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Arthritis: Exercise and movement

MagazineJune 2007 (Vol. 18 Issue 3)Arthritis: Exercise and movement

Aerobic exercise

Aerobic exercise

Aerobic exercise was compared with stress management and treatment-as-usual for those with fibromyalgia.

Those who engaged in aerobic exercise showed the greatest improvement in pain levels, sleep patterns and feelings of depression as well as increased energy. The authors expressed surprise at this conclusion, since the subjects in the aerobic exercise group were the most sceptical about exercise as a form of treatment. At the four-year follow-up, the aerobic group was the one most likely to have carried on using exercise as a form of treatment.

T'ai-chi

T'ai-chi is a form of gentle exercise from China designed to relax the body, and to allow vital energy, or chi, to flow freely. Once it has been mastered in all its aspects, including deep, regular breathing, it can then be used to help alleviate symptoms, proponents say.

In all, there are 300 postures to learn, but the most important aspect of the technique is the spiritual development brought about by Chi Kung training, which involves standing in certain positions while using breathing and visualization to increase the flow of chi through the body.

Qigong

Qigong is similar to T'ai-chi in as much as it is a gentle exercise regime from China that seeks to improve the flow of chi, or life energy, through the body.

Proponents claim it has cured many conditions, including arthritis, but there is virtually no good, valid scientific evidence to support these claims. Instead, it should be viewed as a gentle way to improve general well-being and health.

The postures and movements of Qigong can be easily learnt from books and videos, and can be performed walking, standing, sitting in a wheelchair, or even lying down. And, as with T'ai-chi, it also involves visualization, deep breathing and exact movements. It's worth adding that if you suffer from dizzy spells, or are prone to bleeding, then Qigong is best avoided.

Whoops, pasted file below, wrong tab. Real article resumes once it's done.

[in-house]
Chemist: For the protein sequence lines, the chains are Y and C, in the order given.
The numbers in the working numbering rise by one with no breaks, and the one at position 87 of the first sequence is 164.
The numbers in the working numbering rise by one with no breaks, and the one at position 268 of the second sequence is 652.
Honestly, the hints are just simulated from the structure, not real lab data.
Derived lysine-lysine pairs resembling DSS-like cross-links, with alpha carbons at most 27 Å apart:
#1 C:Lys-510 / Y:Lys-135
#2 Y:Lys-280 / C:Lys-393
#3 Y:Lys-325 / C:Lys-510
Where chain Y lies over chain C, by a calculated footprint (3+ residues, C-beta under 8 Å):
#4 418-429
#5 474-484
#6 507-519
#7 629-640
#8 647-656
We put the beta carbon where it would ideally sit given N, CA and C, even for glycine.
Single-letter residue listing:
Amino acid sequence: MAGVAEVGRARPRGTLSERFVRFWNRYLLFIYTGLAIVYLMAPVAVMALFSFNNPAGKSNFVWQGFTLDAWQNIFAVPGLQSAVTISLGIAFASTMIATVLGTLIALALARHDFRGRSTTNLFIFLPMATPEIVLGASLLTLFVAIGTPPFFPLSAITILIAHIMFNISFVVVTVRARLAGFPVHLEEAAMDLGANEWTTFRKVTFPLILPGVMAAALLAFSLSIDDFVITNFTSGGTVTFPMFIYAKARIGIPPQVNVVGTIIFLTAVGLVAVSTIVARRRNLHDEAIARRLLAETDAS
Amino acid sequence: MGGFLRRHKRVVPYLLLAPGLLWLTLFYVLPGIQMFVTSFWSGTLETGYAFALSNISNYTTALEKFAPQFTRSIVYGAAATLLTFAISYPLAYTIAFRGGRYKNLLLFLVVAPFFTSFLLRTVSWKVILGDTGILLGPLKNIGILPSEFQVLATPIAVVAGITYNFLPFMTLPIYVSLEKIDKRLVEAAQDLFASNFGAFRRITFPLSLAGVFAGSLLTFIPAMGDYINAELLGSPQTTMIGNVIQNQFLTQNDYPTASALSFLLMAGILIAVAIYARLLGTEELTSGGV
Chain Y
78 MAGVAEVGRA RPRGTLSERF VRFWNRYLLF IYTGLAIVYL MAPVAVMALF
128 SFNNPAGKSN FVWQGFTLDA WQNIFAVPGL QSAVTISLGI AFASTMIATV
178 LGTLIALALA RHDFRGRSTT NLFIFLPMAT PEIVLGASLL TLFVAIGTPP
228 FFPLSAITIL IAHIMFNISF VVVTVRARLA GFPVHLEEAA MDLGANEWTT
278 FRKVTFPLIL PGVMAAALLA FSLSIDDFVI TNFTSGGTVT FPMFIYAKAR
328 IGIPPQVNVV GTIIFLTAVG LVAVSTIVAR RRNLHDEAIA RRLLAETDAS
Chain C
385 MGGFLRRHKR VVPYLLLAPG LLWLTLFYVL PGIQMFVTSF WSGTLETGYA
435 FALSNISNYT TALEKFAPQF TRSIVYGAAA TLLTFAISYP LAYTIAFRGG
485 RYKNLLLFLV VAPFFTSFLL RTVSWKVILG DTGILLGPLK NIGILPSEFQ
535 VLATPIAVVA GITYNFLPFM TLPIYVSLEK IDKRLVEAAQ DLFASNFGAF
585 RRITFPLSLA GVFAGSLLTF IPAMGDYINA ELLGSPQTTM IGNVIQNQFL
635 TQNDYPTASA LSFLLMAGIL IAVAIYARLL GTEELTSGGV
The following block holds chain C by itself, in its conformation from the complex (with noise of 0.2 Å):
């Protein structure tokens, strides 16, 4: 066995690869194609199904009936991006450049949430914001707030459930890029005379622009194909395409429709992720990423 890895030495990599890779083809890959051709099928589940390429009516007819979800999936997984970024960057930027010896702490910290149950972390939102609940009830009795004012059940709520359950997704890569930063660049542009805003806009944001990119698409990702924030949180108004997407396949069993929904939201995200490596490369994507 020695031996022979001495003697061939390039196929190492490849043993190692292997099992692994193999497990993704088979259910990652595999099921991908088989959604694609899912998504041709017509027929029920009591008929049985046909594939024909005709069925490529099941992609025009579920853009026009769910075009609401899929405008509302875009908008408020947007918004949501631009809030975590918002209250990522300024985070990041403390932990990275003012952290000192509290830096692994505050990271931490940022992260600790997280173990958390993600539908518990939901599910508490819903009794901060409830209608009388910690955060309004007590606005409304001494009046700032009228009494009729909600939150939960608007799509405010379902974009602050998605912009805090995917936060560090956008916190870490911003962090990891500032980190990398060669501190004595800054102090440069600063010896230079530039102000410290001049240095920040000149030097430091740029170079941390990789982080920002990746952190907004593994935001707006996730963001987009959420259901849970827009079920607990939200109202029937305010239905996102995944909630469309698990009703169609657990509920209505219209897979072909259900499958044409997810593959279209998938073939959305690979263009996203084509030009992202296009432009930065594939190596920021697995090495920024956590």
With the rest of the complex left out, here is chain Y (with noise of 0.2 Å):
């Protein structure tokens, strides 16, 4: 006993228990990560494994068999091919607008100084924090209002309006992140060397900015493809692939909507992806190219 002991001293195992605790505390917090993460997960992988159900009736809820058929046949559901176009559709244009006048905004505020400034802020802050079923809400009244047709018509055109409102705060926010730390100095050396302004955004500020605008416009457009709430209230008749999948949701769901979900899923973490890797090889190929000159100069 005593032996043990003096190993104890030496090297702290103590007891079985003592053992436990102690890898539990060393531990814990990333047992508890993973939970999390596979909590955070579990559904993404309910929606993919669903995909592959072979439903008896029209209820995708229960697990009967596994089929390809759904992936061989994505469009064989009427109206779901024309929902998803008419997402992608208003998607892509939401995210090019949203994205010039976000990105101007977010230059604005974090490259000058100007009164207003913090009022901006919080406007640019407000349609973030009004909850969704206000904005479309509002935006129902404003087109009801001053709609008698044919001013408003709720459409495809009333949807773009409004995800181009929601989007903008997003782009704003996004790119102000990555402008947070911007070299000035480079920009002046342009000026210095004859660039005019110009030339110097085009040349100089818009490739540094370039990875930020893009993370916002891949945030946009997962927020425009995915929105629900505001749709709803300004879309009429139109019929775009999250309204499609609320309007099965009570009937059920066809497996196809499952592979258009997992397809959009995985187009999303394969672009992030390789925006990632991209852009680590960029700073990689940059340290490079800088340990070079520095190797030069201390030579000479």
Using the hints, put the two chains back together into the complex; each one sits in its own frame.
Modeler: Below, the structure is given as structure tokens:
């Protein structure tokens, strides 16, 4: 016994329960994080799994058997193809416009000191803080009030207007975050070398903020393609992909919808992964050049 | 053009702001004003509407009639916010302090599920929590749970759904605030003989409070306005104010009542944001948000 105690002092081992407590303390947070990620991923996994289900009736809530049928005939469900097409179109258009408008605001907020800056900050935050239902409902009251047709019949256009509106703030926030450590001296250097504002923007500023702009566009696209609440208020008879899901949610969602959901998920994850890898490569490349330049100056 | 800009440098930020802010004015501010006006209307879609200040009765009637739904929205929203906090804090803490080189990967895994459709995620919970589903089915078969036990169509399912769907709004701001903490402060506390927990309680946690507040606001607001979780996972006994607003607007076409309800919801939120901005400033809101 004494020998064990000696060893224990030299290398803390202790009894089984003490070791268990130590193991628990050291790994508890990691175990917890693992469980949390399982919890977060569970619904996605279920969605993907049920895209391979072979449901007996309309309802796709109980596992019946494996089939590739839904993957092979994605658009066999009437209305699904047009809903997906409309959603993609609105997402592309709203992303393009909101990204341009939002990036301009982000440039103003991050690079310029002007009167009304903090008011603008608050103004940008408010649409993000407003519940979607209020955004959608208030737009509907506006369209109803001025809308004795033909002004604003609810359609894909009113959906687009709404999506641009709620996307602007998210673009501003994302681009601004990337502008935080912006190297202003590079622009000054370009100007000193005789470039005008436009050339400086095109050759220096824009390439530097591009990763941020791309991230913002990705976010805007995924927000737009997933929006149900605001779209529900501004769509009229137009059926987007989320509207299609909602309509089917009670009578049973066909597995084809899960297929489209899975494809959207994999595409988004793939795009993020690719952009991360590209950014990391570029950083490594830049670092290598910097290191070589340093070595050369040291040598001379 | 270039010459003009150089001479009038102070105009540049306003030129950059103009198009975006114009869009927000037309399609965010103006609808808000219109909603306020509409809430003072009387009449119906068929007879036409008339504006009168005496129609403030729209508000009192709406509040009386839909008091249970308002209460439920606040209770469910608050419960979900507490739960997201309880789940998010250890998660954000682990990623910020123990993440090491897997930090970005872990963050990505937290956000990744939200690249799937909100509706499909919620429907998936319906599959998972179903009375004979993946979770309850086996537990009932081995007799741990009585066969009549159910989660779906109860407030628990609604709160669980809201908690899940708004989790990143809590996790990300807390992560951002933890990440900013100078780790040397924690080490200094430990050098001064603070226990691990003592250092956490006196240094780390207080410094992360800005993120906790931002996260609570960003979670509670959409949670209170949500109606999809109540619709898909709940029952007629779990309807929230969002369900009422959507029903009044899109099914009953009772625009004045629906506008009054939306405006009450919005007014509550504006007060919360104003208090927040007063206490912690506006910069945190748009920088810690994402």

Yoga

Some hatha yoga advocates claim it offers a cure for arthritis if undertaken with a correct diet, and suggest this can be achieved within two months for early-stage arthritis, and five months for chronic cases.

They recommend a series of postures, or asanas, that will help arthritis, including (and here we give the English version of the posture): triangular, cow's face and jaw pose, tree pose, dance pose and plough pose.

While there are plenty of books around about yoga, it is as well to check with a qualified practitioner before starting yoga, as there have been occasions when more harm than good has been achieved, irrespective of what the yoga aficionados may claim.

Simple exercises

Walking

The most popular activity is a daily brisk walk, if you are physically up to it, or at least two or three times a week. You don't have to beat the world walking record on your first day; depending on the extent of your arthritis, set yourself easy and attainable targets, such as a walk to the third lamp-post down the road. Then, after this has been achieved a few times, extend your range to the fourth, and so on.

Eventually, you can start timing yourself, so your walk quickens. Some arthritis sufferers swear that sweat lubricates their joints!